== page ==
The term attention economy refers to the range of economic activities based on people’s attention being treated as a scarce and highly desirable resource to be captured and maintained.
In attention economy, attention primarily refers to user engagement with digital products, which equates to revenue and influence for those who capture and maintain it.
The term is typically used in reference to online contexts and the fact that many tech companies’ revenue is primarily based on advertising and data gathering, both of which require sustained user engagement.
For this reason, websites, apps, and platforms are designed using psychological principles to constantly promote and reinforce this engagement. Some of the most visible methods are interfaces and notifications that prompt or entice users to create and consume content and interact with other users.
Those who use the term are often critical of the attention economy and its effects on individuals and society. The idea of the attention economy is related to and often overlaps with surveillance capitalism, in which personal data is a central commodity.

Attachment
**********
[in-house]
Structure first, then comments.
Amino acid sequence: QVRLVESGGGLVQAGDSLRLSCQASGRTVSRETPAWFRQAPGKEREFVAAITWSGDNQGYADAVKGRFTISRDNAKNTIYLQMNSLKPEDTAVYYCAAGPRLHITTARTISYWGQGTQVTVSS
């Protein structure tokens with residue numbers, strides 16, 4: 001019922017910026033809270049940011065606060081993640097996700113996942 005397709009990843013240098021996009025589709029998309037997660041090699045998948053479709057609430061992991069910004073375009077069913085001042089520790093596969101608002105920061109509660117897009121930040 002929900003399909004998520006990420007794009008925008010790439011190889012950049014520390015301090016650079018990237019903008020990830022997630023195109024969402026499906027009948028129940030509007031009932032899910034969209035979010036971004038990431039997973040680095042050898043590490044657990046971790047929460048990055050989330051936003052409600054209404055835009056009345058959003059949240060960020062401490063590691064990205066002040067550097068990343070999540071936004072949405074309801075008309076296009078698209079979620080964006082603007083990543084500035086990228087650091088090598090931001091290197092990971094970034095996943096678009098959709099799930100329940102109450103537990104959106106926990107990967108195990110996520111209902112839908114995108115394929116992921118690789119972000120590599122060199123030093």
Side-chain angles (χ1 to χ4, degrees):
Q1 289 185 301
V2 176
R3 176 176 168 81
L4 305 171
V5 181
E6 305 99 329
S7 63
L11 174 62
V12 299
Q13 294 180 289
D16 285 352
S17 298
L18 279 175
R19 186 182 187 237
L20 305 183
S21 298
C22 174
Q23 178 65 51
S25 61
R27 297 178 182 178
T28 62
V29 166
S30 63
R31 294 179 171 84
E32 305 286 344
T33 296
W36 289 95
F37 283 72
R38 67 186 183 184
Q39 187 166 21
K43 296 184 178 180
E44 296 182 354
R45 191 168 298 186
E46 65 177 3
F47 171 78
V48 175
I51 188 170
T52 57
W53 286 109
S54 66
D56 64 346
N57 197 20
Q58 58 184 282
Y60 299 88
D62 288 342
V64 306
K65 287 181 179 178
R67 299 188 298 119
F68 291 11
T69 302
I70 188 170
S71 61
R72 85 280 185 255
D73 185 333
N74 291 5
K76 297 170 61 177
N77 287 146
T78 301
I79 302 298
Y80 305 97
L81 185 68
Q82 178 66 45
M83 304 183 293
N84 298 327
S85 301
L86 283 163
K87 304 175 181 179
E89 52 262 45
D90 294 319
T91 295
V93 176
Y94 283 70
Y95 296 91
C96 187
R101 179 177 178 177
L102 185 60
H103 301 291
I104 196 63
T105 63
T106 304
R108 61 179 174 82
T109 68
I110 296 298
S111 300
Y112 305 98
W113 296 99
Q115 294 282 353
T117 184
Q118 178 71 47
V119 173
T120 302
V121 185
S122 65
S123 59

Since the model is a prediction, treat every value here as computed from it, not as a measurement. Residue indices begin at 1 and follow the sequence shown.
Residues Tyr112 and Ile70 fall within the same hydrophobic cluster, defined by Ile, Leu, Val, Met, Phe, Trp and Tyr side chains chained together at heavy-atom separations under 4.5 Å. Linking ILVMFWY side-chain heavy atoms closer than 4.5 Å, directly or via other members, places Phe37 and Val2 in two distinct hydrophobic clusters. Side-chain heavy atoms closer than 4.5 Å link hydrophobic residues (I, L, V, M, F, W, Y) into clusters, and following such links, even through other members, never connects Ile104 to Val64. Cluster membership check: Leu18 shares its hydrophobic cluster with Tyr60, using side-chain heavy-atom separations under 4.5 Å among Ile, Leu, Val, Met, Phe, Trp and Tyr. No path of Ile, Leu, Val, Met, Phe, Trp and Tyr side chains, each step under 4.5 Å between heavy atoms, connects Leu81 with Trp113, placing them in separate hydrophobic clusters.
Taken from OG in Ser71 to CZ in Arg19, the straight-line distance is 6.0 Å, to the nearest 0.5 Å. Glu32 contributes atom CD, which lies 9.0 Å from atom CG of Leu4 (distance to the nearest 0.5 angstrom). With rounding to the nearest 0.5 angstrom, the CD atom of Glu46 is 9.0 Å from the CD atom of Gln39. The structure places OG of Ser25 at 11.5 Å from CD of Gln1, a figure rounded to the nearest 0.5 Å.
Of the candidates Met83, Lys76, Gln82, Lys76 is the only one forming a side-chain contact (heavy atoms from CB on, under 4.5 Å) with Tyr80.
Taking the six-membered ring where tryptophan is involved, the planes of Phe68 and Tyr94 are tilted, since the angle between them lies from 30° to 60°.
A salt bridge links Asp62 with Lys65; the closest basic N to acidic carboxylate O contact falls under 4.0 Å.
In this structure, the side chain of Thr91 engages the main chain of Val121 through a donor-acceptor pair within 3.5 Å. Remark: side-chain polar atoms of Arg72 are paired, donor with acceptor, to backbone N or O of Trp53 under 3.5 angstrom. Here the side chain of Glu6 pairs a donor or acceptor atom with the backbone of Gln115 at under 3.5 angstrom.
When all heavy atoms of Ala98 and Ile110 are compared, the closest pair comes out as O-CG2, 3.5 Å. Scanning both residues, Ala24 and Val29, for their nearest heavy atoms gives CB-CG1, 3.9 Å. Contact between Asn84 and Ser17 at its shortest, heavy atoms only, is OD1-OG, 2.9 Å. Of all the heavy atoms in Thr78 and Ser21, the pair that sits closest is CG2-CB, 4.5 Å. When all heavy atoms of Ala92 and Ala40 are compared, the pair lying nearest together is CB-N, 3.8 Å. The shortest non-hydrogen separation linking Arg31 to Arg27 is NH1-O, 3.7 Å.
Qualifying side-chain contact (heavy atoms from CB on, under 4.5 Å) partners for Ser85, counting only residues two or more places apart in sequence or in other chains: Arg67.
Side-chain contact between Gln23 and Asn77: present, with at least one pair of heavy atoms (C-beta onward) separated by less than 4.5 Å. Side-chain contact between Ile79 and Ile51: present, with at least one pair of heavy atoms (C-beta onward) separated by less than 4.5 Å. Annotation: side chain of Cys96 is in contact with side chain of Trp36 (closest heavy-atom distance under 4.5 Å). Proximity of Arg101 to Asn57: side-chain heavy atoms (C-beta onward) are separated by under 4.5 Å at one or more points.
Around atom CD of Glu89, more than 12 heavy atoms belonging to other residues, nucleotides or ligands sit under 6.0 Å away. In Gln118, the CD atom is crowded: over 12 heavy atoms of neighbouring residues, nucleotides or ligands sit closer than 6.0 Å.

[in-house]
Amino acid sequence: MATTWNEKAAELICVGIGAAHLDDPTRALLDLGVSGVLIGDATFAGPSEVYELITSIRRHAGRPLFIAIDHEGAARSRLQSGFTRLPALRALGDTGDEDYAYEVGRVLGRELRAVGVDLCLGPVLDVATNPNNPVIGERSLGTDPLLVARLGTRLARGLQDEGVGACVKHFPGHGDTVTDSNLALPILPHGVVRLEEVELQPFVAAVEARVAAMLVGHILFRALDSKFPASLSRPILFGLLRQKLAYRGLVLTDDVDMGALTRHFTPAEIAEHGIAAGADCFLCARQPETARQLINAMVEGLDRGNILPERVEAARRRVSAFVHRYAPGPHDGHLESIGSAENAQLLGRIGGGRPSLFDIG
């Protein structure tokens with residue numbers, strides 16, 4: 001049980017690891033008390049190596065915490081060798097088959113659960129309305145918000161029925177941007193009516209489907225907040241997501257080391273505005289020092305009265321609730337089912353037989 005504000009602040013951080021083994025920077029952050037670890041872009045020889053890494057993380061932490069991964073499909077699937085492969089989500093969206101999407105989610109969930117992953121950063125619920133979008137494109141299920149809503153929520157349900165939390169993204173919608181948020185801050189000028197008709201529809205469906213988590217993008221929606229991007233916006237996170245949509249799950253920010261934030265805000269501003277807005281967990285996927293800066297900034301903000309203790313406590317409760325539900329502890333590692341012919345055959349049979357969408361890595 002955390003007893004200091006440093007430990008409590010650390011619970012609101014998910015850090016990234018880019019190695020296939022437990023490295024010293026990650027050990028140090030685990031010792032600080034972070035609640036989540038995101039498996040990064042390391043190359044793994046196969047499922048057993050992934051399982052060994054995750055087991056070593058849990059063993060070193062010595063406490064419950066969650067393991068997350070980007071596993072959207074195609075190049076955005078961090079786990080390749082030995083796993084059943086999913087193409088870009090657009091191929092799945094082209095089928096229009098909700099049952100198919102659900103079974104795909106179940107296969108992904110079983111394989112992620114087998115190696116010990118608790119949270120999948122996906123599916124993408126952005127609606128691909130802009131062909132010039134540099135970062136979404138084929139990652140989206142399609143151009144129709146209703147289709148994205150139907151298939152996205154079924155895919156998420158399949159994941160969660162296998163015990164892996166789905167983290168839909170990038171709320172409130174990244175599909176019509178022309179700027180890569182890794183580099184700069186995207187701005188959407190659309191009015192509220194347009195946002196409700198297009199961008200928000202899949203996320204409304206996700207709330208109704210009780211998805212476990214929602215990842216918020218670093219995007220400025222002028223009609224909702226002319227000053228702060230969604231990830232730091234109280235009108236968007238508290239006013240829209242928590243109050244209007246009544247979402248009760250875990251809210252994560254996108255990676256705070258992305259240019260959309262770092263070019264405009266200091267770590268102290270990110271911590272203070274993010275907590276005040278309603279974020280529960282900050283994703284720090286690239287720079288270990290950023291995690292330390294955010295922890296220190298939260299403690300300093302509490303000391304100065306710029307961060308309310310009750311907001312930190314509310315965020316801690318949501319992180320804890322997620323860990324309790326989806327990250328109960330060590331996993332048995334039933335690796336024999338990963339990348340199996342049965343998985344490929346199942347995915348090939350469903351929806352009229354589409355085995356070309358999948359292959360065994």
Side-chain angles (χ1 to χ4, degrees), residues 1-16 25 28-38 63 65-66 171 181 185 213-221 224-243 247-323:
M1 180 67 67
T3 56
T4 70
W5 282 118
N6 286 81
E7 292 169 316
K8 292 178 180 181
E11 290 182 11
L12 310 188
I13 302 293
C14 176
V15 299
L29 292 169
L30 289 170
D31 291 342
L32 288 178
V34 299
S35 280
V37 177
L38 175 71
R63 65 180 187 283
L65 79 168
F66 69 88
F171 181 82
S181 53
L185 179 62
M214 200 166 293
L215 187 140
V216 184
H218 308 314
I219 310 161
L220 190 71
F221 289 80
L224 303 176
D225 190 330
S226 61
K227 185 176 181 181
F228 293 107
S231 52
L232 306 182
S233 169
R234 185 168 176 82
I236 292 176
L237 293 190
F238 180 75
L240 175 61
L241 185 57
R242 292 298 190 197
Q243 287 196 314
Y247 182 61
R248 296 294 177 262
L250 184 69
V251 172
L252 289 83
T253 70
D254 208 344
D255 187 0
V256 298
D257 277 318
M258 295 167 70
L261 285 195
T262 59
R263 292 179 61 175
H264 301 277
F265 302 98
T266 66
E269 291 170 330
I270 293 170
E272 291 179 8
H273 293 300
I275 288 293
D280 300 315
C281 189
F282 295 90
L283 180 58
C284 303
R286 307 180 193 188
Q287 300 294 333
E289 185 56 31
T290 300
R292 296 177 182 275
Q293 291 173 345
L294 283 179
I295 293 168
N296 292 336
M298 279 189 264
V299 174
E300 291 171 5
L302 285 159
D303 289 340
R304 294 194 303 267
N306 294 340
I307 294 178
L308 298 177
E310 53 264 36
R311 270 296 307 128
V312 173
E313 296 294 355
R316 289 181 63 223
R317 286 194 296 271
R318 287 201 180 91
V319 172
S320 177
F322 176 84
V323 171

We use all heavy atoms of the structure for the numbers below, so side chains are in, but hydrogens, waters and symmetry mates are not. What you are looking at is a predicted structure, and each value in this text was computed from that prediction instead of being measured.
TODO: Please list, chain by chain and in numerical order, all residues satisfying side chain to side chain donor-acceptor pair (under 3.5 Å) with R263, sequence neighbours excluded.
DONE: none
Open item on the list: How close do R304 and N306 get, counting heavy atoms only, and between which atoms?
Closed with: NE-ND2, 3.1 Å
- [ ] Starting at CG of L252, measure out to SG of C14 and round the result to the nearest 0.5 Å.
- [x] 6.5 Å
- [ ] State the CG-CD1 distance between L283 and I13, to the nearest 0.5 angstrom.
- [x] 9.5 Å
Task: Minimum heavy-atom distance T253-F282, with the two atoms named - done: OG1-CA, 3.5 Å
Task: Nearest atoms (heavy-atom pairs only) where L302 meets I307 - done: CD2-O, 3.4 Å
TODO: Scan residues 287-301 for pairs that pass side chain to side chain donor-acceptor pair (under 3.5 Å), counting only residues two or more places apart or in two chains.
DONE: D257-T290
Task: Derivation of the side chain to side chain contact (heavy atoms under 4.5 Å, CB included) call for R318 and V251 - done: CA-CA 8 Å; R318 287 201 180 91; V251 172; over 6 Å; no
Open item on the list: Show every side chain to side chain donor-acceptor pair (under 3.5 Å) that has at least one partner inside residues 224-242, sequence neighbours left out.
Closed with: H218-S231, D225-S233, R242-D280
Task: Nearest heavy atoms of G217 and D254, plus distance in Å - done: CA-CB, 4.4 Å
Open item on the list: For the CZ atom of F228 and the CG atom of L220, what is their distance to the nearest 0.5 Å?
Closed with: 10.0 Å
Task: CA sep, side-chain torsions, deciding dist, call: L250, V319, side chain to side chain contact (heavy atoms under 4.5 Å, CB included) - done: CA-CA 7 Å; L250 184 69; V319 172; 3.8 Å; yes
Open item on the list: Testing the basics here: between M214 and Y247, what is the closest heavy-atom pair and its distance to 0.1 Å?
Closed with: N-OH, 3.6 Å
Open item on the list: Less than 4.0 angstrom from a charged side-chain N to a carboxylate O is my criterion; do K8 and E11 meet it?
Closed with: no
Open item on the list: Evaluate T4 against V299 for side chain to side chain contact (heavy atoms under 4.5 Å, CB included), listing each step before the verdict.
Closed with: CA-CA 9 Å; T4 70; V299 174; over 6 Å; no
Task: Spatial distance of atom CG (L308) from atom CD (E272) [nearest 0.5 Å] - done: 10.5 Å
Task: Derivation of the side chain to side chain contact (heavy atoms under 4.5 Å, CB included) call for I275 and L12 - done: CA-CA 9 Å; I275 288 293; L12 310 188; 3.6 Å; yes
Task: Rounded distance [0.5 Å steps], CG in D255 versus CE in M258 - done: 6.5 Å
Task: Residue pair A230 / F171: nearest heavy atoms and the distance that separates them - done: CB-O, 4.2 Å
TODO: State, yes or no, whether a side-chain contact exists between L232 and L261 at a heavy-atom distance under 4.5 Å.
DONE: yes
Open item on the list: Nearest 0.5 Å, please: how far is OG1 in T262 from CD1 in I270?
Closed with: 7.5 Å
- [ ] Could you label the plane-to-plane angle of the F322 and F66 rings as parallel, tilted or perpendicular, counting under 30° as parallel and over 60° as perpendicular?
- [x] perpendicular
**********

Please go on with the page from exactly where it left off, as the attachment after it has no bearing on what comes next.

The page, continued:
WHERE DOES ATTENTION ECONOMY COME FROM?
The term attention economy was coined by political scientist Herbert A. Simon, who began using it by at least the early 1970s. Simon suggested that people’s attention was a limited, valuable resource that could potentially be used for economic gain.In 1997, writer and researcher Michael Goldhabar expanded on the idea of the attention economy, predicting that the internet would incentivize and prioritize the capturing of users’ attention, and that such practices would become the foundation of online economics.
WHO USES ATTENTION ECONOMY?
The term attention economy is most often used by those who are critical of it and concerned about its effects on individuals and society.